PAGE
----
Warning: Spoilers Throughout!

fault-in-our-stars-e1361339568978

The Fault in Our Stars unmistakably achieves the latter. Hazel-Grace’s tale dispenses with the sappy emotional baiting and misrepresentation to accommodate for harsh realities, accurate representations and above all a love story that feels refreshingly alive. I quickly found myself getting emotionally invested into the lives of the novel’s sublime characters, and much to my surprise it wasn’t just the polar opposites of happiness and sadness that were drawn from their stories. On Hazel and Augustus’s long awaited first meeting with their favourite author, the belligerently pretentious alcoholic Peter Van Houten, I found myself positively infuriated by his callous behavior to a point where I actually felt the fist clenching tension I can only imagine Augustus’s character would have felt. Green also managed to set aside the space for some unexpected, yet welcome humor that did a brilliant job of not only providing entertainment but also humanizing Hazel, Augustus and Isaac’s characters through their often witty and self-mocking line deliveries. However on a few occasions the intended comedy felt  frankly cringe worthy, for instance when Isaac describes Augustus as ‘The Mayor of Cancervania’ in his eulogy I felt the emotional weight was torn out of the eulogies latter parts.

Another related criticism I would make of  The Fault in Our Stars is that Augustus Waters death had next to no emotional impact on me because I feel it was simply too easily anticipated. The short, sharp plot pacing in the chapters before Augustus kicked the bucket were clearly intended to build a sort of ‘surely he wont die’ tension in the reader’s head, but it had a totally reverse effect on me that ended up making the supposedly tear jerking and sudden death of Augustus nothing more than a wholly disappointing and anti climactic experience.  Thankfully the chapters proceeding Gus’s death were incredibly satisfying to read, providing the two greatest highlights of the novel including Hazel’s bad-ass ‘go fuck yourself’ speech to the pest Van Houten as he fails to redeem himself, and the contents of Augustus’s final letter to the author.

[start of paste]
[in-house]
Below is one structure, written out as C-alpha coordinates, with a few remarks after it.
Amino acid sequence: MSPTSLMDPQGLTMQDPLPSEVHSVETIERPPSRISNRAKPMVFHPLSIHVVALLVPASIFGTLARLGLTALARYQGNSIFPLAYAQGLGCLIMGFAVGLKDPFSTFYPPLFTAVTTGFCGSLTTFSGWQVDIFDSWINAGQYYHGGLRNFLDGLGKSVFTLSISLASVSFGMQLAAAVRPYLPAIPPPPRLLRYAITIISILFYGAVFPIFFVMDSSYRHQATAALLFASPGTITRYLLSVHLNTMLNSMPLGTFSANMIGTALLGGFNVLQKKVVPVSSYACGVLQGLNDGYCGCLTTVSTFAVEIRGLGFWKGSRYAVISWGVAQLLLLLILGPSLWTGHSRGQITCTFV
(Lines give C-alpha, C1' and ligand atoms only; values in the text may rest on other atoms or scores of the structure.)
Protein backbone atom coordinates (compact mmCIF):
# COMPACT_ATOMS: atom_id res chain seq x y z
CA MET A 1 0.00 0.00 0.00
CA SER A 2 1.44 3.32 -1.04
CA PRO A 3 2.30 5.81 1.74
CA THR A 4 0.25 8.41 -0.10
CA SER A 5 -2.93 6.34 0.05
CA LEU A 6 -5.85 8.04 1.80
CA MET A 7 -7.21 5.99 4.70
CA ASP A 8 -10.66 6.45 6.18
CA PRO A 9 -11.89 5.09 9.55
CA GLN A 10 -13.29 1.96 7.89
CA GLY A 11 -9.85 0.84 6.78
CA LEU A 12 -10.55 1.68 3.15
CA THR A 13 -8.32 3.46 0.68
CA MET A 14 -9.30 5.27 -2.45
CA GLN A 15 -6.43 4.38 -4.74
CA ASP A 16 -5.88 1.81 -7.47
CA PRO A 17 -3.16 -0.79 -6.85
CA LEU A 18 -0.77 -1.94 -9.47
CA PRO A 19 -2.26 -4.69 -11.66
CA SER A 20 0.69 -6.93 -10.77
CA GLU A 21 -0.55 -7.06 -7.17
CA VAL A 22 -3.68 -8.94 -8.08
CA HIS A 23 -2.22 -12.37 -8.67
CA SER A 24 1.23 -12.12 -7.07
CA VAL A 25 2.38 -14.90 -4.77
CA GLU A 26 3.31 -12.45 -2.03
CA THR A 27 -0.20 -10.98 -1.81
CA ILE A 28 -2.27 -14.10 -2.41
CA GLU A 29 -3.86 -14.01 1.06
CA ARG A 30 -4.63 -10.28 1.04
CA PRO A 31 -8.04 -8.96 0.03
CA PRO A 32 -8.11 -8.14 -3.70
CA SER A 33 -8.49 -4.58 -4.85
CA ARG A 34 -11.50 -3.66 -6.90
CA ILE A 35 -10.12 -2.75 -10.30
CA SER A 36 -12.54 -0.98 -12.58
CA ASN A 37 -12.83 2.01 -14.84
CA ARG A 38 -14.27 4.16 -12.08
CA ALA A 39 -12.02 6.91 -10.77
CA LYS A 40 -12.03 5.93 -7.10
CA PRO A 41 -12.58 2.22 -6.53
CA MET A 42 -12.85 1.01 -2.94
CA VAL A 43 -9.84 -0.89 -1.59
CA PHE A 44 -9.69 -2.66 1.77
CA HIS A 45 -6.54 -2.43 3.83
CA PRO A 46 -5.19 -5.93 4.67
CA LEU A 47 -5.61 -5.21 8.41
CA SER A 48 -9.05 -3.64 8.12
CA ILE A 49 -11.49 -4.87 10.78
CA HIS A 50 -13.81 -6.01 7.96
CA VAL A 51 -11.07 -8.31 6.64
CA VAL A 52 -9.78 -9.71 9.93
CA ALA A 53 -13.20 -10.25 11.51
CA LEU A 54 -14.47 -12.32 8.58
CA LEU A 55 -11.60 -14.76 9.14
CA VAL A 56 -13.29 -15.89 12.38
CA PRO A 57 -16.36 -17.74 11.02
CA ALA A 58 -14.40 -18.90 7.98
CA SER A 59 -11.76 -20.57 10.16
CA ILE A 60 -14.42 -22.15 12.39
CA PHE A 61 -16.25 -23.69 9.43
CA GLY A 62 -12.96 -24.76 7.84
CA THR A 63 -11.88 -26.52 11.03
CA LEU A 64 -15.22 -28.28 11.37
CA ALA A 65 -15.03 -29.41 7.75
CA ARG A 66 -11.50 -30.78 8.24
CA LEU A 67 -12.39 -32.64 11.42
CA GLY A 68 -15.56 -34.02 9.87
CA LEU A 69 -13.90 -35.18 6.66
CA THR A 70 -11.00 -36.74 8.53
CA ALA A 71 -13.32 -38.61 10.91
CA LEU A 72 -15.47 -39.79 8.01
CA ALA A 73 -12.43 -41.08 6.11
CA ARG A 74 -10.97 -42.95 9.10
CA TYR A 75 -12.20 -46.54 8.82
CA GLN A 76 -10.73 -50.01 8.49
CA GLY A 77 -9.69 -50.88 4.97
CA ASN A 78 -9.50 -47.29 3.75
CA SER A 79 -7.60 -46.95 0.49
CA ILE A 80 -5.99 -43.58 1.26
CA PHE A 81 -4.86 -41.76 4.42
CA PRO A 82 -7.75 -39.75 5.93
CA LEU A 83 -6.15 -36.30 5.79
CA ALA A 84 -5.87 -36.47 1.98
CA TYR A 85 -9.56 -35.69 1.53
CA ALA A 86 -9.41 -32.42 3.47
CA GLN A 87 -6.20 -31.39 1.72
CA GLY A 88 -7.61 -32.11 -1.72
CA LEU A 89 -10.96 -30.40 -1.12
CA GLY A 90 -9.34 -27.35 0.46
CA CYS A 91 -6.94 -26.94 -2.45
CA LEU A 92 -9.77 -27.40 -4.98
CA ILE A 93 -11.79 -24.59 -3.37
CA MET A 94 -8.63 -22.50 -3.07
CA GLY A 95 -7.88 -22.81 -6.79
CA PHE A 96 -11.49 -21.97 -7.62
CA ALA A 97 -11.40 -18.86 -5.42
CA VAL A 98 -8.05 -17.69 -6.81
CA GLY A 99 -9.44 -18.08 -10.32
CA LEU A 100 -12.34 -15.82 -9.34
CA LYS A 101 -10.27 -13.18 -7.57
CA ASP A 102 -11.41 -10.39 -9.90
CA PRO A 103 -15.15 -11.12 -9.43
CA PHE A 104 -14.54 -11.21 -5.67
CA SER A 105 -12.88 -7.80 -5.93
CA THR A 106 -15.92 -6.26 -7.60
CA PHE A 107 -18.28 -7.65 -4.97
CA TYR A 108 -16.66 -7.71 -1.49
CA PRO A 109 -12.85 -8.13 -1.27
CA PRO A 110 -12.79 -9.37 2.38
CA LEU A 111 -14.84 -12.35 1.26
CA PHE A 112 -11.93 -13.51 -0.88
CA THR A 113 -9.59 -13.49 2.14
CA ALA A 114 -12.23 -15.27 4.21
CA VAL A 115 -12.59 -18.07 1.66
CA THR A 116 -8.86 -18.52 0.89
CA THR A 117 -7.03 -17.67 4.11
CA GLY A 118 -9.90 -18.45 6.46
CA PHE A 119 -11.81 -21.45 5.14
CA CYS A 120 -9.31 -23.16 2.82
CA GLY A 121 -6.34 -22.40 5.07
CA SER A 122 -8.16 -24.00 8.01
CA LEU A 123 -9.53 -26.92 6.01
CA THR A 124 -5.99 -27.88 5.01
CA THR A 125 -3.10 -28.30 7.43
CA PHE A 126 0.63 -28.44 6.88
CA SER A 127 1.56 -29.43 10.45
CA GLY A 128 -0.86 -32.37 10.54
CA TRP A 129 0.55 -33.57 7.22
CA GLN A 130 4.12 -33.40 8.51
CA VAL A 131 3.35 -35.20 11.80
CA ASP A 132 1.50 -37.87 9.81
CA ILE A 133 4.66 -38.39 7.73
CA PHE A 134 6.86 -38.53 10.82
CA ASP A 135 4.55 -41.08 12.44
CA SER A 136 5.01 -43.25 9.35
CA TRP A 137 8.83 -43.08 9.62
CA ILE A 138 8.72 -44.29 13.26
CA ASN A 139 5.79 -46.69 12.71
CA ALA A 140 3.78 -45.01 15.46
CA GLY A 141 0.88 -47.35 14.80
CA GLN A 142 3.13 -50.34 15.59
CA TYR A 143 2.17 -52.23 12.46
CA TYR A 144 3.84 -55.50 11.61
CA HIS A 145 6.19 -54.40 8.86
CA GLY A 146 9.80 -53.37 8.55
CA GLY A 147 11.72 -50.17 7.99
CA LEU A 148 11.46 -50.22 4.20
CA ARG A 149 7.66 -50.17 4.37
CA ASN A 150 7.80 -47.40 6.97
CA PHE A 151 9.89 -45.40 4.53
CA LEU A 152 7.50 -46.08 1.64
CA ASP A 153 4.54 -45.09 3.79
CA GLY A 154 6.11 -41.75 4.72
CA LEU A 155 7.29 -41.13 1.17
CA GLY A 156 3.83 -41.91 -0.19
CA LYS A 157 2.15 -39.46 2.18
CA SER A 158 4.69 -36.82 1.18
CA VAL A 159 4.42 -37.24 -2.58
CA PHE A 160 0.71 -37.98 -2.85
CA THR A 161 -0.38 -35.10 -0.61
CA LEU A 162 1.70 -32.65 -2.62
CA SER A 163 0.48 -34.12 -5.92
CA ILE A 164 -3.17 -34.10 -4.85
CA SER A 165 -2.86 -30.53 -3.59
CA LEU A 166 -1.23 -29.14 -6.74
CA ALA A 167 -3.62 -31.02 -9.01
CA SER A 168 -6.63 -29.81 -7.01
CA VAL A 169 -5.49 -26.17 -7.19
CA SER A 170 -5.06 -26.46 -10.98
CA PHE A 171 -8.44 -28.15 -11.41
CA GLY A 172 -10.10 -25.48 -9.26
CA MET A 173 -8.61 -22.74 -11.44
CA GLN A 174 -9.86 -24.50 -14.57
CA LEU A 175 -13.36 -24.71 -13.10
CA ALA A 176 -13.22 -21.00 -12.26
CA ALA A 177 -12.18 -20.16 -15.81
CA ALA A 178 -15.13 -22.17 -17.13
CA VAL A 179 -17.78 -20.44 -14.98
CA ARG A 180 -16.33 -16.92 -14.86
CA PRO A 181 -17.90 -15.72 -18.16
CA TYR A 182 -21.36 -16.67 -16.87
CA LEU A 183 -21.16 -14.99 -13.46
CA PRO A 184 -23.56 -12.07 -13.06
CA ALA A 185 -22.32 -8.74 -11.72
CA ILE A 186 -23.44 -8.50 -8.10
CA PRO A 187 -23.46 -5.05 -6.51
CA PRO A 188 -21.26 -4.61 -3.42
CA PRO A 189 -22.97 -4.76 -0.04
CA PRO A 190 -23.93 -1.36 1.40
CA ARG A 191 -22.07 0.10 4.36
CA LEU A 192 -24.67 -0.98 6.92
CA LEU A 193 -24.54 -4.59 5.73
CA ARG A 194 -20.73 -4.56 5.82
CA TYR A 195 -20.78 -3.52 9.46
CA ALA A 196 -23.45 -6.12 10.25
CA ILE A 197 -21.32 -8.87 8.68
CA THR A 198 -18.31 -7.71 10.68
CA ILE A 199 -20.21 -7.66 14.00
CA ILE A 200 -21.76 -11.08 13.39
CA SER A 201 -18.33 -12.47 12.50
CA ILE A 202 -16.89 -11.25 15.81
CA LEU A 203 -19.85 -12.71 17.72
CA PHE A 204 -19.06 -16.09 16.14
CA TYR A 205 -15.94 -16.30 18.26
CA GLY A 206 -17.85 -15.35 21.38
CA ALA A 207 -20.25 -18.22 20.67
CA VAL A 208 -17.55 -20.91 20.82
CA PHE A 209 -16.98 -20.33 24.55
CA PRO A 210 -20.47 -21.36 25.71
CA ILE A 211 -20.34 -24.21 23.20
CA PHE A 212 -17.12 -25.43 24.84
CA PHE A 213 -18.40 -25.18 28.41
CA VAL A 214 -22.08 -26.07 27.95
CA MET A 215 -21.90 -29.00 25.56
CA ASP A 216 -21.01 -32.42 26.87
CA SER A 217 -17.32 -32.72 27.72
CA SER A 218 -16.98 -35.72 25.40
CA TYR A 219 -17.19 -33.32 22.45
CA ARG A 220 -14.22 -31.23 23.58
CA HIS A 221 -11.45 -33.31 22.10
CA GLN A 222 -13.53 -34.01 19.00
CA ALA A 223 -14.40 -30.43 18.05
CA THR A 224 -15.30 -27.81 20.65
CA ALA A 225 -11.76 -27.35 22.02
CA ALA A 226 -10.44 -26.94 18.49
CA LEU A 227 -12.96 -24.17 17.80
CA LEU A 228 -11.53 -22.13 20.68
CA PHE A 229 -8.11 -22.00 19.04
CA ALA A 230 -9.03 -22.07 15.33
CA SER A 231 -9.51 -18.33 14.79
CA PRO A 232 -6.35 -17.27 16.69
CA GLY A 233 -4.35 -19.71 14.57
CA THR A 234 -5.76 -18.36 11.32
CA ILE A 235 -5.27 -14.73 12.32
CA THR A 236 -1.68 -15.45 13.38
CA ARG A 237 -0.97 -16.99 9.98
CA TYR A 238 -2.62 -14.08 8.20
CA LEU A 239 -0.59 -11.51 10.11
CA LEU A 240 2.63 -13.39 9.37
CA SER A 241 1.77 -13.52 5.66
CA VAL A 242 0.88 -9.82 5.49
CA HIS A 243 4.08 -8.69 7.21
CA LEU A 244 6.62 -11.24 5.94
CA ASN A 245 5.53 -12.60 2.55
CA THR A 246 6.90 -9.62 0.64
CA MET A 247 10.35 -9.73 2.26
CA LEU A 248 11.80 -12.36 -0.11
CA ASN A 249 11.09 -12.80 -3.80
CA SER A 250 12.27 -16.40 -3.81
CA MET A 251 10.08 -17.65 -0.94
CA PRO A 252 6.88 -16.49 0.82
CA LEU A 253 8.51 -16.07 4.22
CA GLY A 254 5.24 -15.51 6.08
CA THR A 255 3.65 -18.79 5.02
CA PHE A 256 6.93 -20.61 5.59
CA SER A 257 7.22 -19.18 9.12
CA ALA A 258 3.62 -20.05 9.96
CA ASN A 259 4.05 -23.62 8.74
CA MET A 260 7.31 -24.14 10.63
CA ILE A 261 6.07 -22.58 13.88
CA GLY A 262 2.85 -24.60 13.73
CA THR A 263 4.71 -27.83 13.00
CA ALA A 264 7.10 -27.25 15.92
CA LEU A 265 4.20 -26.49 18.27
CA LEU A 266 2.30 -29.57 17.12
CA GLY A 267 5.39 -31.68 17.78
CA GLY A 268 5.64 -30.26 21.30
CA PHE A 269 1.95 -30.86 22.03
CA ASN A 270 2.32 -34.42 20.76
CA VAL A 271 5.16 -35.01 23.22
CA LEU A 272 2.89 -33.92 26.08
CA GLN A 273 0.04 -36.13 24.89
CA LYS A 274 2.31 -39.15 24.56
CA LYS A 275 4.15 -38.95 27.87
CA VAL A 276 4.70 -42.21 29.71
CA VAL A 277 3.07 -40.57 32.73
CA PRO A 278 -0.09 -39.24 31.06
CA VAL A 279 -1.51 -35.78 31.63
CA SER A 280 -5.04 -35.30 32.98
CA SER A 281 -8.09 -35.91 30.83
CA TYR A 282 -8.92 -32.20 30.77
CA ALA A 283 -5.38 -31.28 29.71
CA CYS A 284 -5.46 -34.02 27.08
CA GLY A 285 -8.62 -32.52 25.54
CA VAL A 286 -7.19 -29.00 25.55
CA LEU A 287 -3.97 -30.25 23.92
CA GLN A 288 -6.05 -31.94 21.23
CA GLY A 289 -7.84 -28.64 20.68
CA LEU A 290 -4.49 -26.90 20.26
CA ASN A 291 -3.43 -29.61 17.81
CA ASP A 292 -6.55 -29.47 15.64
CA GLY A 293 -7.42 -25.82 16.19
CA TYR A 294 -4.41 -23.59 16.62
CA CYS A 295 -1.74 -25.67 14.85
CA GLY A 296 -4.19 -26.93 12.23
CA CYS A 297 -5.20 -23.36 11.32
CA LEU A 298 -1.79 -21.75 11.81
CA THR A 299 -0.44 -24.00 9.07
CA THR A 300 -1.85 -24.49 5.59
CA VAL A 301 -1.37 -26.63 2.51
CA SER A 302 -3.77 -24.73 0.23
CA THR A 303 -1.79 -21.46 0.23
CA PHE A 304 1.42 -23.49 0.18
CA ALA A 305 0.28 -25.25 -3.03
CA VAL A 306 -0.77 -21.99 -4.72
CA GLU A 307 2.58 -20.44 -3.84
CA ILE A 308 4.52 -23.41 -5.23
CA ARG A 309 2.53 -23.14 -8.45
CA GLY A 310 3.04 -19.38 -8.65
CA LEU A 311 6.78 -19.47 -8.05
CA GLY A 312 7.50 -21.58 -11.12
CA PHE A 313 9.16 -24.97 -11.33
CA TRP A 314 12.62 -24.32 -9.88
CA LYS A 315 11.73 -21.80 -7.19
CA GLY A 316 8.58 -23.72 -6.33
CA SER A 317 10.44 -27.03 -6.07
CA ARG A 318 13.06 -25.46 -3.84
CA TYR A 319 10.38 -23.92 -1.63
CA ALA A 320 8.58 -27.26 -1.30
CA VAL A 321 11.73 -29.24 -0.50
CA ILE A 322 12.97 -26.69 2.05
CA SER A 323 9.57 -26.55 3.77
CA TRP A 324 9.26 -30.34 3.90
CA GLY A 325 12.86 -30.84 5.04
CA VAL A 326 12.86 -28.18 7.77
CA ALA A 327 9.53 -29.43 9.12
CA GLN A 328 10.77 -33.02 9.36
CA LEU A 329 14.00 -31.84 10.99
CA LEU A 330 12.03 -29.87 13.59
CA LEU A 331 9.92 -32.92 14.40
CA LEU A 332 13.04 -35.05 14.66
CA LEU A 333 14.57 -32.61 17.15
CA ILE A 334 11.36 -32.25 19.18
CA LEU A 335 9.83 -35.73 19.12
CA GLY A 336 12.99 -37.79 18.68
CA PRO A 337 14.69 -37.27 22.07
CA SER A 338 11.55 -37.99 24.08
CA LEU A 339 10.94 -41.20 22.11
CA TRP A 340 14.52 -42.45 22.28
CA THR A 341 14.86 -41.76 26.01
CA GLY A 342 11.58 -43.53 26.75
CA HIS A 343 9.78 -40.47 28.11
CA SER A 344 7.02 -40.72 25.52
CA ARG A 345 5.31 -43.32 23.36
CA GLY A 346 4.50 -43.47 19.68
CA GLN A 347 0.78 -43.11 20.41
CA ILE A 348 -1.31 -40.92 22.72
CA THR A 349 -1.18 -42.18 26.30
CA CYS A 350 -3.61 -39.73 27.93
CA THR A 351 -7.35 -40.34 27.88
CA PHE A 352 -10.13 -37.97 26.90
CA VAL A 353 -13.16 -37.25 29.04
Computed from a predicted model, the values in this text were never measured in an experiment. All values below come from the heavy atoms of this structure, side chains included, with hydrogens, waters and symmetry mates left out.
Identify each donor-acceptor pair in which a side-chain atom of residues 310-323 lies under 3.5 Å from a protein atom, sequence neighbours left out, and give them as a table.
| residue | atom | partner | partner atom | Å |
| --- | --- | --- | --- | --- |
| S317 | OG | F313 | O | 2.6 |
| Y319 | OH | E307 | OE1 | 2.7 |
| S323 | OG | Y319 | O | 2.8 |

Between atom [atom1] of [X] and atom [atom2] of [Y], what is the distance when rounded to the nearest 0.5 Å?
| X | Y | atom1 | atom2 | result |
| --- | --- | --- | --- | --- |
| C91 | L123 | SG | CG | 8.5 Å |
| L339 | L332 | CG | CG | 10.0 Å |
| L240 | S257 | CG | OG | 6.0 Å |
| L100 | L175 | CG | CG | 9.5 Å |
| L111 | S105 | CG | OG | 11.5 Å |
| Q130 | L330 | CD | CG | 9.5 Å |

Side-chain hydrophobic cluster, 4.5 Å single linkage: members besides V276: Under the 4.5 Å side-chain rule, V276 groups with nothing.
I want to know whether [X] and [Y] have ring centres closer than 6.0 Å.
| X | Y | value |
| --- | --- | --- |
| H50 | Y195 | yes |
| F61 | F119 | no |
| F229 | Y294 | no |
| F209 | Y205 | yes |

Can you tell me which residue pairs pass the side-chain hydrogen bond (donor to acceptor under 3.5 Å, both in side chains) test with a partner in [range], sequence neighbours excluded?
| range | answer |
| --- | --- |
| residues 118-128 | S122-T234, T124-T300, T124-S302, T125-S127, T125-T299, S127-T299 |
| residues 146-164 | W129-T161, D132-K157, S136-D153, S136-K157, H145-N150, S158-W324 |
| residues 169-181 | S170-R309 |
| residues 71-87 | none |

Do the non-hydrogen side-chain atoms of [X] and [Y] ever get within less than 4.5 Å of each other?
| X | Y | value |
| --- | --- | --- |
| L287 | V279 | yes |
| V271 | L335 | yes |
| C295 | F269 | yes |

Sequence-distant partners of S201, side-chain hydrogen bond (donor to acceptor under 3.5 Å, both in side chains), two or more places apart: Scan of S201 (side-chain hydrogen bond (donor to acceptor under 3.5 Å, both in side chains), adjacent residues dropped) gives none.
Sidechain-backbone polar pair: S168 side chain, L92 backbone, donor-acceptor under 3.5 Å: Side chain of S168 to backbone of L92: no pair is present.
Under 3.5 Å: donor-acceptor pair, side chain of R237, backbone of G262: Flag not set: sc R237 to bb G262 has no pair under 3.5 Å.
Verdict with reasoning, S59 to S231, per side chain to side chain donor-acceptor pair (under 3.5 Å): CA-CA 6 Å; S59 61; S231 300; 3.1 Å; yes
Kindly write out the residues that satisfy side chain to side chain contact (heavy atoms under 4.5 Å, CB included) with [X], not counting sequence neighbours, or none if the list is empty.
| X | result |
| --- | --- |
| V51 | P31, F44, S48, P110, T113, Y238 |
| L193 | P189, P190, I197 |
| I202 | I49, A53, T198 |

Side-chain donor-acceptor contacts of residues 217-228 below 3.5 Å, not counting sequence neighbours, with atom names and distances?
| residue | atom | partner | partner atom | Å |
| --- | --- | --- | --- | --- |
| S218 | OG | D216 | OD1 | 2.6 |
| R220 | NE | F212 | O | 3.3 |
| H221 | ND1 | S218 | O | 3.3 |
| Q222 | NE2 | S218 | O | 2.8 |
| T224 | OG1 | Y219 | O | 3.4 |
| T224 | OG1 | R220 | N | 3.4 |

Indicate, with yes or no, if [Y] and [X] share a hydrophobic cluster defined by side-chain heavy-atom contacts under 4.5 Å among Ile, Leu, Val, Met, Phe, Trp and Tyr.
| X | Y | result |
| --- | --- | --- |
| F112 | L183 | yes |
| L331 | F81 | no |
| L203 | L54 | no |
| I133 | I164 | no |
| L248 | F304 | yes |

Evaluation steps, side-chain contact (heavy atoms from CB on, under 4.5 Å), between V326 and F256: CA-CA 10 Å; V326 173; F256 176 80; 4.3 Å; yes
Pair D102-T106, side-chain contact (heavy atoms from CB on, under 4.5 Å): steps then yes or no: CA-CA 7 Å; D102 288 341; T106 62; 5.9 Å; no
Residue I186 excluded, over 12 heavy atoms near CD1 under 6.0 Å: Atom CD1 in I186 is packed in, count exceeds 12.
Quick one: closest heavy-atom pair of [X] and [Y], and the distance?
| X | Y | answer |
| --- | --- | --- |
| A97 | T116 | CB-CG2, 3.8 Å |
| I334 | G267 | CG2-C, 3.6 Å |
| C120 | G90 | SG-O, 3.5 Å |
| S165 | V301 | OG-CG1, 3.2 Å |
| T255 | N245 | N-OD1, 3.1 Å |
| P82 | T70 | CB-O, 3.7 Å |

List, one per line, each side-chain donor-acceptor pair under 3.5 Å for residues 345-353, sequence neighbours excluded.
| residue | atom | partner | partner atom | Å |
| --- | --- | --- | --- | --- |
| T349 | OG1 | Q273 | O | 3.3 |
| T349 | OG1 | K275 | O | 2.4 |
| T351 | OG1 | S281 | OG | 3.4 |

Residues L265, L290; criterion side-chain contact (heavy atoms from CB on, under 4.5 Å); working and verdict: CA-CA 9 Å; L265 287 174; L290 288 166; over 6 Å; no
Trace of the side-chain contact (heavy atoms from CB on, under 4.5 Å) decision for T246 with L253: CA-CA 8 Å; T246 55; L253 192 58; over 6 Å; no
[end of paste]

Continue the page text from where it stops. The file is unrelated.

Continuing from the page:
It is this passionate final letter that reveals John Green’s challenging opinions on how we perceive the idea of being successful and whether or not leaving a grand legacy is a wholly negative and selfish thing to do. Through the clever metaphor of a scar, Augustus criticizes his own selfish ambition to leave behind a world of people that would miss him for the sake of his reputation after his death and praises Hazel’s determination to leave behind as small a scar on the world as she possibly can, finally going on to say ‘you have some say in who hurts you. I like my choices. I hope she likes hers.’ John Green demonstrates for a fifth time his thoroughly outstanding ability to inspire readers into contemplating the veracity of their base ideals.

Final Thoughts: Despite the issues of what I feel to be poor plot pacing and snippets of questionable humor, The Fault in Our Stars is an involving and thought provoking roller coaster of a novel that will have any reader thoroughly engrossed in the superb story it has to tell with its encapsulating realism and endearing characters. If you have any thoughts on The Fault in Our Stars feel free to leave them in the comment section below!

Grade: B

Leave a comment

Filed under Literature, Review